John Asbury: why mergers matter and how to do them right
March 6, 2019
An accelerant to growth
When I was George Morgan’s student, the United States had over 15,000 independent banks. Today, that number is about 5,000. This number has been in steady decline since the 1930s.
Changes in the economy, technology, and banking regulation have been punishing to smaller banks. It comes down to having enough scale to be able to afford the investment in technology, talent, and infrastructure to compete with the largest of banks that dominate the industry and, increasingly, non-traditional digital competitors.
It’s challenging for the smaller banks with limited revenue streams to be able to afford these investments and make a reasonable return on their investors’ capital. I know this because I was running one in the Southwest before returning to Virginia. Bank mergers are an accelerant to achieving critically needed economies of scale, to spread cost out over a larger base of customers, to diversify business risk, and to open new growth market opportunities.
People and cultures
A traditional bank is nothing more than a collection of people. We have no proprietary product, and our money is just as green as that of any other bank.
As a collection of people, banks also have unique cultures and personalities. Consequently, the most important issue in a merger is managing the human factor — people and culture. It’s the people of the bank who take care of our customers and will make or break the integration.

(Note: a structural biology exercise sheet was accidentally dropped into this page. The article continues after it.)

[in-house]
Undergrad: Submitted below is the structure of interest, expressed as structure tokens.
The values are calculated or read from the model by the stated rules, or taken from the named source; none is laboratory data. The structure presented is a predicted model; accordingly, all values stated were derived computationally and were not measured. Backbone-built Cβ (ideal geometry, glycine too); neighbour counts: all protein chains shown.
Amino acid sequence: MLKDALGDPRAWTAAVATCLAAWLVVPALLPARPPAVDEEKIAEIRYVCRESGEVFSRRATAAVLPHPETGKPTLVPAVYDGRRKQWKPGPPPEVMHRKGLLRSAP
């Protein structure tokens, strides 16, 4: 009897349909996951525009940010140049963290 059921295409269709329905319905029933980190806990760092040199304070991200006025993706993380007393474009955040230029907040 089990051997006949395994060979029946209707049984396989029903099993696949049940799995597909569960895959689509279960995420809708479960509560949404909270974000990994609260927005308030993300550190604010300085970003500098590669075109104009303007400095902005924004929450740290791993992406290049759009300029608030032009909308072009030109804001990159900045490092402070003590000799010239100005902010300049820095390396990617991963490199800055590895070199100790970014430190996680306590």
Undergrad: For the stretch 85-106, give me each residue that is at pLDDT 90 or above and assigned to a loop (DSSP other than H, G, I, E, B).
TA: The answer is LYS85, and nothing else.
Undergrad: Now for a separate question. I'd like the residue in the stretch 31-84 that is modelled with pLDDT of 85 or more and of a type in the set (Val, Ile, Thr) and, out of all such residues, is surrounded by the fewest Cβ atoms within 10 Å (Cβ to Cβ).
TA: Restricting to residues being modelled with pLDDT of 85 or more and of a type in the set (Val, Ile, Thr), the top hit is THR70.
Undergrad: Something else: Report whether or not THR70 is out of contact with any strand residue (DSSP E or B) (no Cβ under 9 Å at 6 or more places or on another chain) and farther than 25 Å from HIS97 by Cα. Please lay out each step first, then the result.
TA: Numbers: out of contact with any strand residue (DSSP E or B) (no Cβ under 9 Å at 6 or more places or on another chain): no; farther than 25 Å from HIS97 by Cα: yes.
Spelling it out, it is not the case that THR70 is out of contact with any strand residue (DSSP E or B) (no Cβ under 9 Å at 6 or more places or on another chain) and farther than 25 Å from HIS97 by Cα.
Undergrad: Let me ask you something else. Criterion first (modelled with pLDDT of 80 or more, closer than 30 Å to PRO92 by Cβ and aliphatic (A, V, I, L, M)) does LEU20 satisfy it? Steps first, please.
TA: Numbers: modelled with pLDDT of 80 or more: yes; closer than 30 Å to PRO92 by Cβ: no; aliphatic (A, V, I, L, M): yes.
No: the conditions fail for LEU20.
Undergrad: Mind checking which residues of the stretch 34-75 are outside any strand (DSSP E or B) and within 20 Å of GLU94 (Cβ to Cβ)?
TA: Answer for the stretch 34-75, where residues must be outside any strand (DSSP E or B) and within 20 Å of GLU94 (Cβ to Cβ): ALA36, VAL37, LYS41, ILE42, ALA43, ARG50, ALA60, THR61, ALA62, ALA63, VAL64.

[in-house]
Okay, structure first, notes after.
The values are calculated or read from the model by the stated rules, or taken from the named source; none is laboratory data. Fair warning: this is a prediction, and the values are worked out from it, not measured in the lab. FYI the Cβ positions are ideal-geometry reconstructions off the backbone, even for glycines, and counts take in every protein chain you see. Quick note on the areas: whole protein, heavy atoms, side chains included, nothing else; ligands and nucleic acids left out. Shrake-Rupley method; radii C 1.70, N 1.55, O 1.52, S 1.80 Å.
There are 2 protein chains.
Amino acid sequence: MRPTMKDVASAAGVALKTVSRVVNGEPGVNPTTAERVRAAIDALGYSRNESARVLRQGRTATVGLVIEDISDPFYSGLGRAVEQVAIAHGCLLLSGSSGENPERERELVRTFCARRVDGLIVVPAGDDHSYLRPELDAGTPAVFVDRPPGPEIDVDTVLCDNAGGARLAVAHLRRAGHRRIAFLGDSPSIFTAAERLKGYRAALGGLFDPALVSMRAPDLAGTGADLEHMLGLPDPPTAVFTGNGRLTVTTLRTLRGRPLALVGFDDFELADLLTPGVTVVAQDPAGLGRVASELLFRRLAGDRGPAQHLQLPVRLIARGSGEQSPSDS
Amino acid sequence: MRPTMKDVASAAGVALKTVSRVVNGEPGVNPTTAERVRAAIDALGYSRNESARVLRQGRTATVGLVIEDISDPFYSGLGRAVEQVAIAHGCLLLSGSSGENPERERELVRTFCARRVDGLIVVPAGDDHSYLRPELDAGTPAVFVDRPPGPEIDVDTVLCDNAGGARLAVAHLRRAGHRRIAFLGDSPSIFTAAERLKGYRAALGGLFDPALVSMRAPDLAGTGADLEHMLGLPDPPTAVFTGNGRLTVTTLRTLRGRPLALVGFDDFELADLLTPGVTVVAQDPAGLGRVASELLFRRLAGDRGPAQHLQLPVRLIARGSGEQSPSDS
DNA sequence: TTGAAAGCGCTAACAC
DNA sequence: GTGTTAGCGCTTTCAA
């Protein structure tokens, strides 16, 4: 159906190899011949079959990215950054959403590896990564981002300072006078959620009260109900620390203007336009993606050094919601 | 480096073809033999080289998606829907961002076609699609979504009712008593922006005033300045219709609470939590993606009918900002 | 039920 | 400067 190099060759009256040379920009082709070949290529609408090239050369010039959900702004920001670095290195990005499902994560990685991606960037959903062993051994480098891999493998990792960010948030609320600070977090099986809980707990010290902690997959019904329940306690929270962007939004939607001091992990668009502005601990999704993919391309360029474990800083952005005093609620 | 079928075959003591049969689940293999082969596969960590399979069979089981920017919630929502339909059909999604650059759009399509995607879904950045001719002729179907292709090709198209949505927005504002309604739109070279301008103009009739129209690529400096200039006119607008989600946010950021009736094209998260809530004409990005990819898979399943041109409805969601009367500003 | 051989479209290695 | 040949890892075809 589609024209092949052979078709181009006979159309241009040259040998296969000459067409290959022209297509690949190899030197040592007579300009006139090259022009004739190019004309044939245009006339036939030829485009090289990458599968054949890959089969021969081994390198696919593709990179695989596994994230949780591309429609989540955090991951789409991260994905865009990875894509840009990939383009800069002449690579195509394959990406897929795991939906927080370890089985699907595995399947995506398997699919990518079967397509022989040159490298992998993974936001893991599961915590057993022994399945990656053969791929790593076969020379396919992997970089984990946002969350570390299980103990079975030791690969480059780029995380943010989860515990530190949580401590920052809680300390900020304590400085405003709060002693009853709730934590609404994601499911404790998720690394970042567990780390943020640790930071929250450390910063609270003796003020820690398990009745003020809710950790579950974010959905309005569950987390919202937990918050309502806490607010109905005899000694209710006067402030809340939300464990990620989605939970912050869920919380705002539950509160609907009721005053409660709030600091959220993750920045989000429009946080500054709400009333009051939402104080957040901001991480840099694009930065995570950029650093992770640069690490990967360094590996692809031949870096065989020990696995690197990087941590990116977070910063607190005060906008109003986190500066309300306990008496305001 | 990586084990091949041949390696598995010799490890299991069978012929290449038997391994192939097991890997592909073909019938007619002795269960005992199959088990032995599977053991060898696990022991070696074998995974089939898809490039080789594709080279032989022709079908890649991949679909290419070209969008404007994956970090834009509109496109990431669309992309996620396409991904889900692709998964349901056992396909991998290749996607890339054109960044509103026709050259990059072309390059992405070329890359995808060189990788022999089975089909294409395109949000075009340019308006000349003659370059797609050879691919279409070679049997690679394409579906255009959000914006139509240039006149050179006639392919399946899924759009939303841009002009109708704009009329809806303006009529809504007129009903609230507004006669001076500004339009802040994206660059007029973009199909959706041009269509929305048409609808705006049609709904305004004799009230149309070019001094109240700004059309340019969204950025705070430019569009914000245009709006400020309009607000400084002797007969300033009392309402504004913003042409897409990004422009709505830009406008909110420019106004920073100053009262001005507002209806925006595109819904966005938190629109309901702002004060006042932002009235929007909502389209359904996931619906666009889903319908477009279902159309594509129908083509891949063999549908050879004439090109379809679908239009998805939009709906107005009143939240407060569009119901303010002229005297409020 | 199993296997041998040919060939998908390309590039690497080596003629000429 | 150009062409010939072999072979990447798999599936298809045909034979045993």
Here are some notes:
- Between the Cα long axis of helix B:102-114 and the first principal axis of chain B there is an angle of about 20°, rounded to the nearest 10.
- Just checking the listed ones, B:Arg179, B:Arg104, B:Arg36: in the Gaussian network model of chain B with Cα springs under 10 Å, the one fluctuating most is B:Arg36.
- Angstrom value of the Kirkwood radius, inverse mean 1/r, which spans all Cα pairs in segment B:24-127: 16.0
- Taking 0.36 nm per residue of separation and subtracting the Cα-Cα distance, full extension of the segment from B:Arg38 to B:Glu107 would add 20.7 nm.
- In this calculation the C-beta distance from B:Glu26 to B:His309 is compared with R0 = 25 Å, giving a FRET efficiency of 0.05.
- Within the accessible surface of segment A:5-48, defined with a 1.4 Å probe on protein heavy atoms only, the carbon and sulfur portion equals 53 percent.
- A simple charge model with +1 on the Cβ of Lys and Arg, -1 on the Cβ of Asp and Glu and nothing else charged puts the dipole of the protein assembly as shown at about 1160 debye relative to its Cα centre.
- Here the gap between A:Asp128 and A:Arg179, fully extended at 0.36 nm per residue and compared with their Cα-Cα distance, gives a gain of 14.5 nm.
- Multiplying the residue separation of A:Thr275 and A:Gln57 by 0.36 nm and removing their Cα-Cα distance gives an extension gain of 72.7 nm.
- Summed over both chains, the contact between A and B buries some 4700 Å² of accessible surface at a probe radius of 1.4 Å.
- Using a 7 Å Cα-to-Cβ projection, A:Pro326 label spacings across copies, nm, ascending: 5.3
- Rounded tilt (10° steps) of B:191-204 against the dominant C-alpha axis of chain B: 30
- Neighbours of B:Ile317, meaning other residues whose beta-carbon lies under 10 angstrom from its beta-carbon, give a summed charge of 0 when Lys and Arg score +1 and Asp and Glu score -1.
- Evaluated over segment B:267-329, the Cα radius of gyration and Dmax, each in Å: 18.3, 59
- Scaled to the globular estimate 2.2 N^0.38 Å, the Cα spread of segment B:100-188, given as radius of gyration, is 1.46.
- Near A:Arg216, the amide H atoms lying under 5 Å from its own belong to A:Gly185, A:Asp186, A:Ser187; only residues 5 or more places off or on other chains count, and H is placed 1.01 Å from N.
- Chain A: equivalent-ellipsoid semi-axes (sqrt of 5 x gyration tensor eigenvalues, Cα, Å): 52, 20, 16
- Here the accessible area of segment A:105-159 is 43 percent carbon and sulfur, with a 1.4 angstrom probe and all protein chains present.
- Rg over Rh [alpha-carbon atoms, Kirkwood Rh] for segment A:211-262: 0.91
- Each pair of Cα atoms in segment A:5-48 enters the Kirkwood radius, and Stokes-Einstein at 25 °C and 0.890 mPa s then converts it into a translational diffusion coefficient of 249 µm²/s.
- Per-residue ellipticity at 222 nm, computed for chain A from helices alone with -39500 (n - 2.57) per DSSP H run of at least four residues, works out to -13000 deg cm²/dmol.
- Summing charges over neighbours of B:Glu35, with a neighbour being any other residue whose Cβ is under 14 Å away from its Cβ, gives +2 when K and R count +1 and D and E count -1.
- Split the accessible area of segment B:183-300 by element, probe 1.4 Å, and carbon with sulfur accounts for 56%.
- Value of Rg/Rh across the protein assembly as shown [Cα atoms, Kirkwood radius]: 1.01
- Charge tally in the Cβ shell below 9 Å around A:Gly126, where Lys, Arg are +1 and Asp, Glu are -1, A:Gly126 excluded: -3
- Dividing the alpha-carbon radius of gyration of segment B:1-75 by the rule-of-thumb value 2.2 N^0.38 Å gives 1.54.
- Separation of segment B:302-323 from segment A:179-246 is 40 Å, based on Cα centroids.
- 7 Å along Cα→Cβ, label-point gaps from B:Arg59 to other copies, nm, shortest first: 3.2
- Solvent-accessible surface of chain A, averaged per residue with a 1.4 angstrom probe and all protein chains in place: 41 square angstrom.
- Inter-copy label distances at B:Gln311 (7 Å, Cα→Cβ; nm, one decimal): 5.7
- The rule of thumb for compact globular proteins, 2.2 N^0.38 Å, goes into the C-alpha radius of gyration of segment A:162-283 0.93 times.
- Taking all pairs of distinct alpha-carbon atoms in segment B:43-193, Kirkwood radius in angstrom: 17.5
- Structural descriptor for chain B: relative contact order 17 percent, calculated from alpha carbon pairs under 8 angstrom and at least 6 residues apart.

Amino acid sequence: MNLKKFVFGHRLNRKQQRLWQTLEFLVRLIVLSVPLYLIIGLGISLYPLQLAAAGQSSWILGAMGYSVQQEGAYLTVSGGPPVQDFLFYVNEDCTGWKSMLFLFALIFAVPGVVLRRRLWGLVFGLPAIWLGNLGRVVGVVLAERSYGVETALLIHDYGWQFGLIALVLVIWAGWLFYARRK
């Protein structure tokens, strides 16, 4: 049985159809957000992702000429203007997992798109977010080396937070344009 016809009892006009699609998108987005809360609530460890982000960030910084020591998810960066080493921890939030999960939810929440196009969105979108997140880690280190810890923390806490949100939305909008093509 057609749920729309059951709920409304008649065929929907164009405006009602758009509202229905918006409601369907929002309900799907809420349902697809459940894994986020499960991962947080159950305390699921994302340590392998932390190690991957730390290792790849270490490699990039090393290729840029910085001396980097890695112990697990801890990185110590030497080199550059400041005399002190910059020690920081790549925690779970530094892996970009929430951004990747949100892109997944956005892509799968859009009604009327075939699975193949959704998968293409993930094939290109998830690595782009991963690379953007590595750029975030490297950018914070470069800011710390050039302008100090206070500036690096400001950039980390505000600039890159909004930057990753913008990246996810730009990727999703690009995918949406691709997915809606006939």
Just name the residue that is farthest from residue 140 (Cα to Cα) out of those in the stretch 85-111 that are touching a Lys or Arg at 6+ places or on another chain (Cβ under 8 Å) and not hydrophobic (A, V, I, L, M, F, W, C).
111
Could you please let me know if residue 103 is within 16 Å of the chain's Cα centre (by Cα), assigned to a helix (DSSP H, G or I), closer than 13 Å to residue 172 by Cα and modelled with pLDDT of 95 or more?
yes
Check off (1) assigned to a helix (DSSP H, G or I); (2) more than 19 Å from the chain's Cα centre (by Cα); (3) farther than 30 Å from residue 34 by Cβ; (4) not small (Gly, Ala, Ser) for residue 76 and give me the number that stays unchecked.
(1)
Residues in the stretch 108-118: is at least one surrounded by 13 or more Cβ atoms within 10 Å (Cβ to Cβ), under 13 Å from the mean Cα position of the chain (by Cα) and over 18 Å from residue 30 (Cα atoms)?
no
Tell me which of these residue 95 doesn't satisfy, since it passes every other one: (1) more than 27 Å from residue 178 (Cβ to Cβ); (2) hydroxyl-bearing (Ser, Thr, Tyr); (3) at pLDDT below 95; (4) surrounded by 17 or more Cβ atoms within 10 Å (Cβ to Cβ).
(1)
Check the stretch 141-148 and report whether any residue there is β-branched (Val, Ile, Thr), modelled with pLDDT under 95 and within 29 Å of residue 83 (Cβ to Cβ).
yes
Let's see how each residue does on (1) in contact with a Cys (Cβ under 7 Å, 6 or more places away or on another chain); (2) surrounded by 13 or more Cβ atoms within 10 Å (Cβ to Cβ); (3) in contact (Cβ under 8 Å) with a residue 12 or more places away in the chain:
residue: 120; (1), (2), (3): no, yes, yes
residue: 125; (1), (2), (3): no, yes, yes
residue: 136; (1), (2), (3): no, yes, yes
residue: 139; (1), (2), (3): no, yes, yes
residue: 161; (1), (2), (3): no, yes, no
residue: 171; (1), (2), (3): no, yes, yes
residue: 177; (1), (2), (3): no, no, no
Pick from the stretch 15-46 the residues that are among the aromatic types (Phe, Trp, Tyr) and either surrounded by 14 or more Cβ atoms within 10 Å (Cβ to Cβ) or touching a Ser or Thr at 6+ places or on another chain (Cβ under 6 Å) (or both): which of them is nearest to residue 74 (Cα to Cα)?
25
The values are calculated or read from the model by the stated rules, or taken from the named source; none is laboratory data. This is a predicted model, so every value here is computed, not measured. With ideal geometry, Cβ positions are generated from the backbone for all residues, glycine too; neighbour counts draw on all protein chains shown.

It starts at the top, and no one is more accountable for this than me. It largely hinges on building trust and communicating openly.
The technical aspects of systems integration and conversion are critical. We run this as a portfolio of projects, a highly controlled environment led by an integration management office that I chair.
We have a playbook that we’ve improved upon, based on lessons from our integration of Xenith Bank, which was the most successful integration most of us involved had seen. It demonstrated that this is a core competency for Union.
Read more about Clarke and Asbury on the following pages.
– Sookhan Ho